OMRON Develops a World-First Technology for Measuring the Distance Between RFID UHF-band Antenna and IC Tags

FOR IMMEDIATE RELEASESeptember 10, 2007

Tokyo, Japan - OMRON Corporation (TSE: 6645; ADR: OMRNY; 'OMRON'), a global leader in automation, sensing and control technology, today announced that it has developed the world's first technology that measures the distance between EPC-compliant RFID tags and antennas based on delay time calculation. The technology offers the potential to solve various factory-floor problems that have hitherto impaired the efficiency of UHF-band RFID systems and hampered further industry adoption.

UHF-band RFID systems are attracting increasing attention from the logistics and distribution industries for their ability to read IC tags at distances of over 5 meters. In RFID applications in these industries, tags are often attached to cases and pallets in order to keep track of inventory entering and leaving warehouses or to group goods by shipping address on sorting conveyors. However, implementation of UHF-band RFID systems has often proved problematic on the factory floor because the long read range can lead to unwanted and unintentional tag-reading, resulting in inaccurate data collection.

Fig 1. Long read range means that tags outside the intended scan area are sometimes read.
Fig 1. Long read range means that tags outside the intended scan area are sometimes read.

OMRON's new technology for estimating the distance between readers and IC tags solves these problems. Although technologies that use tags' signal strength or special transmission protocols to measure this distance already exist, each has certain limitations. Signal strength, for example, differs depending on the direction a tag is facing, which makes it unreliable as a basis for measurement. On the other hand, the use of special transmission protocols requires IC tags with complicated circuitry, thus increasing implementation costs and impeding further penetration of RFID systems.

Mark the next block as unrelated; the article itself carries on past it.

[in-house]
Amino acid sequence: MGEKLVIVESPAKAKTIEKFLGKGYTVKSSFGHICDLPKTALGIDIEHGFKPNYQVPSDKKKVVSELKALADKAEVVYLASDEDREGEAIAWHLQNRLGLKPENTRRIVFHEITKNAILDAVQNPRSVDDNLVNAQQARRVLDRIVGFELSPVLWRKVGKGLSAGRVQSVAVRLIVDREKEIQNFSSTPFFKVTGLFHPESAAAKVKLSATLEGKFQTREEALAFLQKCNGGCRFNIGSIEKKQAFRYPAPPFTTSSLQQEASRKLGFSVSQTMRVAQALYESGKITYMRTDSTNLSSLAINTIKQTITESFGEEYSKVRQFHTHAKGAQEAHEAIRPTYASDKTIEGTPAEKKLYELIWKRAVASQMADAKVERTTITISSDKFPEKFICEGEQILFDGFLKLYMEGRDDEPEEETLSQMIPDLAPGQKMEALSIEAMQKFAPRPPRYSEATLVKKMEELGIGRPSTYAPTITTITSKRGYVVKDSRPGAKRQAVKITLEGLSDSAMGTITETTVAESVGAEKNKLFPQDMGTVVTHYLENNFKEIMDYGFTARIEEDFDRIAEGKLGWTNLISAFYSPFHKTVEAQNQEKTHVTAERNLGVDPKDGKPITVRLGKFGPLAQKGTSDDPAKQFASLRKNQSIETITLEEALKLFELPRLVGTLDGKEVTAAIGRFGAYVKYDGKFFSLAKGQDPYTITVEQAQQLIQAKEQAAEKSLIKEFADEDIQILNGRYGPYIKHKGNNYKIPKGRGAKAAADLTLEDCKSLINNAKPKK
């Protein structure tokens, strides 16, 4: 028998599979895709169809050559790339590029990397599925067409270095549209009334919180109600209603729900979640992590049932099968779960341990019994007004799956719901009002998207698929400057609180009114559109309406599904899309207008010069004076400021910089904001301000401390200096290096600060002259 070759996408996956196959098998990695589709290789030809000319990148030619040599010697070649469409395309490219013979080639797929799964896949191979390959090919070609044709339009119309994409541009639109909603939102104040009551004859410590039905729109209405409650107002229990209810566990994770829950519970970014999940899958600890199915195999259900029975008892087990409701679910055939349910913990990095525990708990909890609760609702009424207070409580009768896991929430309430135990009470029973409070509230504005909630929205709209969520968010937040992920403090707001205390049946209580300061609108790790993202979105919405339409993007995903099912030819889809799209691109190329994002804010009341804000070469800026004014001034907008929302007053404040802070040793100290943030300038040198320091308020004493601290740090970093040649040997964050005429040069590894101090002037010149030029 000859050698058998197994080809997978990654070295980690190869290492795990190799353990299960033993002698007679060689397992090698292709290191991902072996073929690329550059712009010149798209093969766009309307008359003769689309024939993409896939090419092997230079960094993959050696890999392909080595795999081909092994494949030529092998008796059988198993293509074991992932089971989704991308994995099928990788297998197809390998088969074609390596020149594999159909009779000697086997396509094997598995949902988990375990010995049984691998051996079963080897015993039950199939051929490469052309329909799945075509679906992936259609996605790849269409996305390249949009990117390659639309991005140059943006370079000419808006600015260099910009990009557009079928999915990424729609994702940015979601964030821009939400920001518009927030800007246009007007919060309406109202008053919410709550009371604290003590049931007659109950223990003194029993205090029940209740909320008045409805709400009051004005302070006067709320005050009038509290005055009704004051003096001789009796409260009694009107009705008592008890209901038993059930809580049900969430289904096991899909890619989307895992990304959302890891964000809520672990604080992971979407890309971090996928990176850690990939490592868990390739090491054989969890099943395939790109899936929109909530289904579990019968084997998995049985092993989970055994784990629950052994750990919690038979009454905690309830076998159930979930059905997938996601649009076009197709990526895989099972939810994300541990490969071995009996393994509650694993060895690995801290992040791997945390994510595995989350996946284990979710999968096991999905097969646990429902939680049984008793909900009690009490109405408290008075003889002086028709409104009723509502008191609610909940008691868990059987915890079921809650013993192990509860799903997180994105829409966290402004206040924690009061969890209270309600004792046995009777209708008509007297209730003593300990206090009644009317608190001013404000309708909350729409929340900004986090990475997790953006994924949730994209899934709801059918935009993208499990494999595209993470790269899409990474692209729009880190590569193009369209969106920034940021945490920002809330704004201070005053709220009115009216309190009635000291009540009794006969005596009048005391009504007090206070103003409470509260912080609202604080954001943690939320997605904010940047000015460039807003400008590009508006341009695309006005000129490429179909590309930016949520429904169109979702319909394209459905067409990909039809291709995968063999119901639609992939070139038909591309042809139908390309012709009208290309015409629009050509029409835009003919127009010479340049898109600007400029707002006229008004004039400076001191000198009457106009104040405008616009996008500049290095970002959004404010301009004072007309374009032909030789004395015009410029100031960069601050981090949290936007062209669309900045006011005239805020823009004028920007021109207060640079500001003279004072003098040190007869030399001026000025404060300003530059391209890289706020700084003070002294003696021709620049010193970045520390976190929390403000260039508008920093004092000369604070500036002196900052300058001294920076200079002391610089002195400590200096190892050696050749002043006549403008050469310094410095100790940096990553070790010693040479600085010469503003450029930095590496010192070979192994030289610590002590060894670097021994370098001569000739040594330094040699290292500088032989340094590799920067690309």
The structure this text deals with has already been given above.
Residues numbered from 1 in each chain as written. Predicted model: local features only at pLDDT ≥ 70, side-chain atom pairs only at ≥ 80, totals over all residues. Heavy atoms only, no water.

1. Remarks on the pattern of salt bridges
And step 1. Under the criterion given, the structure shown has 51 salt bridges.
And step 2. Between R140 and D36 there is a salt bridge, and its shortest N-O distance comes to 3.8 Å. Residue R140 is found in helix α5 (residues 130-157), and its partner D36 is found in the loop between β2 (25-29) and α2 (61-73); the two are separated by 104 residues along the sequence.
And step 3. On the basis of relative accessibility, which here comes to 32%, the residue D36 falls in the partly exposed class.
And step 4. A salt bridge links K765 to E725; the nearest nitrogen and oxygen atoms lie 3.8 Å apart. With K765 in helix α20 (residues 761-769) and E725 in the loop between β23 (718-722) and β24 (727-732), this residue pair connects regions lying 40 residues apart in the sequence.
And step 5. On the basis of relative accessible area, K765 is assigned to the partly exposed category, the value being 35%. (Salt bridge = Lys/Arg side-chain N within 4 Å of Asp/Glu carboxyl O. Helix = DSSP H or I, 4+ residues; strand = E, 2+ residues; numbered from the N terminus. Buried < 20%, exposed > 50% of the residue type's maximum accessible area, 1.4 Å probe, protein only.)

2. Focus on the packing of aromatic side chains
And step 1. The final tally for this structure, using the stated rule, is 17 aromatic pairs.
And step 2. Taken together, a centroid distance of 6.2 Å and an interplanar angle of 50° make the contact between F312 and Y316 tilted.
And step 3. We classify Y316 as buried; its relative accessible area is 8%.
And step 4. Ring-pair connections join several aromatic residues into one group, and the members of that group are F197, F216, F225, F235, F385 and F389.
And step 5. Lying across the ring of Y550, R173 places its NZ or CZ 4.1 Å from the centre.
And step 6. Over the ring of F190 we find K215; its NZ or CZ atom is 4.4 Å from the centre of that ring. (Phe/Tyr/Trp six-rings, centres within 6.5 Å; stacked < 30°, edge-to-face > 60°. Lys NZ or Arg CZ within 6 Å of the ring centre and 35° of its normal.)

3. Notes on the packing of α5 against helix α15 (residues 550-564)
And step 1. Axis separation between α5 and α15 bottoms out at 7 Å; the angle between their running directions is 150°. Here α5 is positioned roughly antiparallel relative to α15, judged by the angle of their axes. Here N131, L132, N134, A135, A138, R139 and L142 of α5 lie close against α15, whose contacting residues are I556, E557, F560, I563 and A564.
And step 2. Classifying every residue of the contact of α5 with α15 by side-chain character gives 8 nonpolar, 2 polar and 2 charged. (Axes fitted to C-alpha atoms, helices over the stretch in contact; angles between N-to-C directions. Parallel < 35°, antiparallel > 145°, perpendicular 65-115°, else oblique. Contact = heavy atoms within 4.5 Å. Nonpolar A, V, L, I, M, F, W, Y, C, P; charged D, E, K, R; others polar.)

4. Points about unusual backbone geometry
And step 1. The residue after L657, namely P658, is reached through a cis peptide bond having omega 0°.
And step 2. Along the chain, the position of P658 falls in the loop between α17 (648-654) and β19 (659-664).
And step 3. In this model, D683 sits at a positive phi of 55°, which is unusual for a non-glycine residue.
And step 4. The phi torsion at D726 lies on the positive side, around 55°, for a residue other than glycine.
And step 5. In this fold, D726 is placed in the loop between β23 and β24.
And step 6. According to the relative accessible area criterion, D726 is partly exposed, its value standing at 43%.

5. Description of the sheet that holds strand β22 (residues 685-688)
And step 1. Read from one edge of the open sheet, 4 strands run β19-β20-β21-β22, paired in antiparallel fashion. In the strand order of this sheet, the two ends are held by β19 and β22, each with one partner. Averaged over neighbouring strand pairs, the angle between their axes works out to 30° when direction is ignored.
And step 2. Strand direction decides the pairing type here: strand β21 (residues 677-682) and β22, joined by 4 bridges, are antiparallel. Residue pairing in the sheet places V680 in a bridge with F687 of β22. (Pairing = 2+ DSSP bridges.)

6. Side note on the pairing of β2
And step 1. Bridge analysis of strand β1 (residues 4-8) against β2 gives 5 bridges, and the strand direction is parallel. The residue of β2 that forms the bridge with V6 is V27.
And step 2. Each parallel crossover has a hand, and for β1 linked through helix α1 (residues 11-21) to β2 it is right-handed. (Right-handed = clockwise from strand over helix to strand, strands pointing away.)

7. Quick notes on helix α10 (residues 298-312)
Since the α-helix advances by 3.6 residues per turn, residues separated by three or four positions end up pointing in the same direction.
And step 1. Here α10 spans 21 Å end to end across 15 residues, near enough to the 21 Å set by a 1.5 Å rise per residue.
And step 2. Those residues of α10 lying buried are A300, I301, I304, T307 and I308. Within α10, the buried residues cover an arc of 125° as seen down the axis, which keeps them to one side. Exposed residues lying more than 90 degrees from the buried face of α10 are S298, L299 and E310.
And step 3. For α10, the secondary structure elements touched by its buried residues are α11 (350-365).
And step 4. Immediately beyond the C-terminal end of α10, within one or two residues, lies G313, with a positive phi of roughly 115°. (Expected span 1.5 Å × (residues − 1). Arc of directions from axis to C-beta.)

Fig. 2 Signal strength remains the same despite differences in distance, depending on the direction the tag is facing
Fig. 2 Signal strength remains the same despite differences in distance, depending on the direction the tag is facing

OMRON's new technology bases distance calculations on the delay time of the electromagnetic waves used in communication between reader/writers (antennas) and IC tags. This enables highly accurate distance estimations for UHF-band EPC-compliant tags, which are currently the most widely used tags. Like sound, electromagnetic waves take longer to reach a target the further away it is. As a result, the time taken for waves to travel from an antenna to an IC tag and return again ( 'delay time') differs according to the distance between the two points. The direction a tag is facing has no affect on delay time and thus does not compromise the measurement accuracy.

Fig 3. Delay time remains constant even when tags are facing in different directions
Fig 3. Delay time remains constant even when tags are facing in different directions

With this new technology, customers will be able to solve problems that have previously plagued UHF-band RFID system implementation, by preventing unwanted reading of tags on goods stacked near gate-mounted readers and discriminating between tags in areas where goods are traveling on multiple conveyor belts.

Fig 4. Excluding tags outside the target read area

Fig 4. Excluding tags outside the target read area

Fig 5. Discriminating between tags on multiple conveyor belts and excluding unwanted tags.

Fig 5. Discriminating between tags on multiple conveyor belts and excluding unwanted tags.

OMRON is currently developing a system for detecting IC tags within a prescribed area by coupling this new distance measurement technology with its existing scan antennas (see fig. 6). By using a scan antenna to set lateral dimensions and this new technology to measure depth, the system will allow users to isolate and read only those tags in a clearly defined area - ideal for applications in cluttered and overcrowded factory floors. After conducting factory floor tests, OMRON is planning for product release in FY2008.

Fig 6. Limiting detection to only those tags in a defined area
Fig 6. Limiting detection to only those tags in a defined area

  • 1.According to internal survey.
  • 2.The time taken for electromagnetic wave emitted from an antenna to reach an IC tag and then return to the antenna as reflected waves.
For media related enquiries, please contact:
James Seddon (james_seddon@omron.co.jp)
Sarah Hall (sarah_hall@omron.co.jp)
at OMRON Corporate Communications Department
Telephone: +81 3 3436 7202

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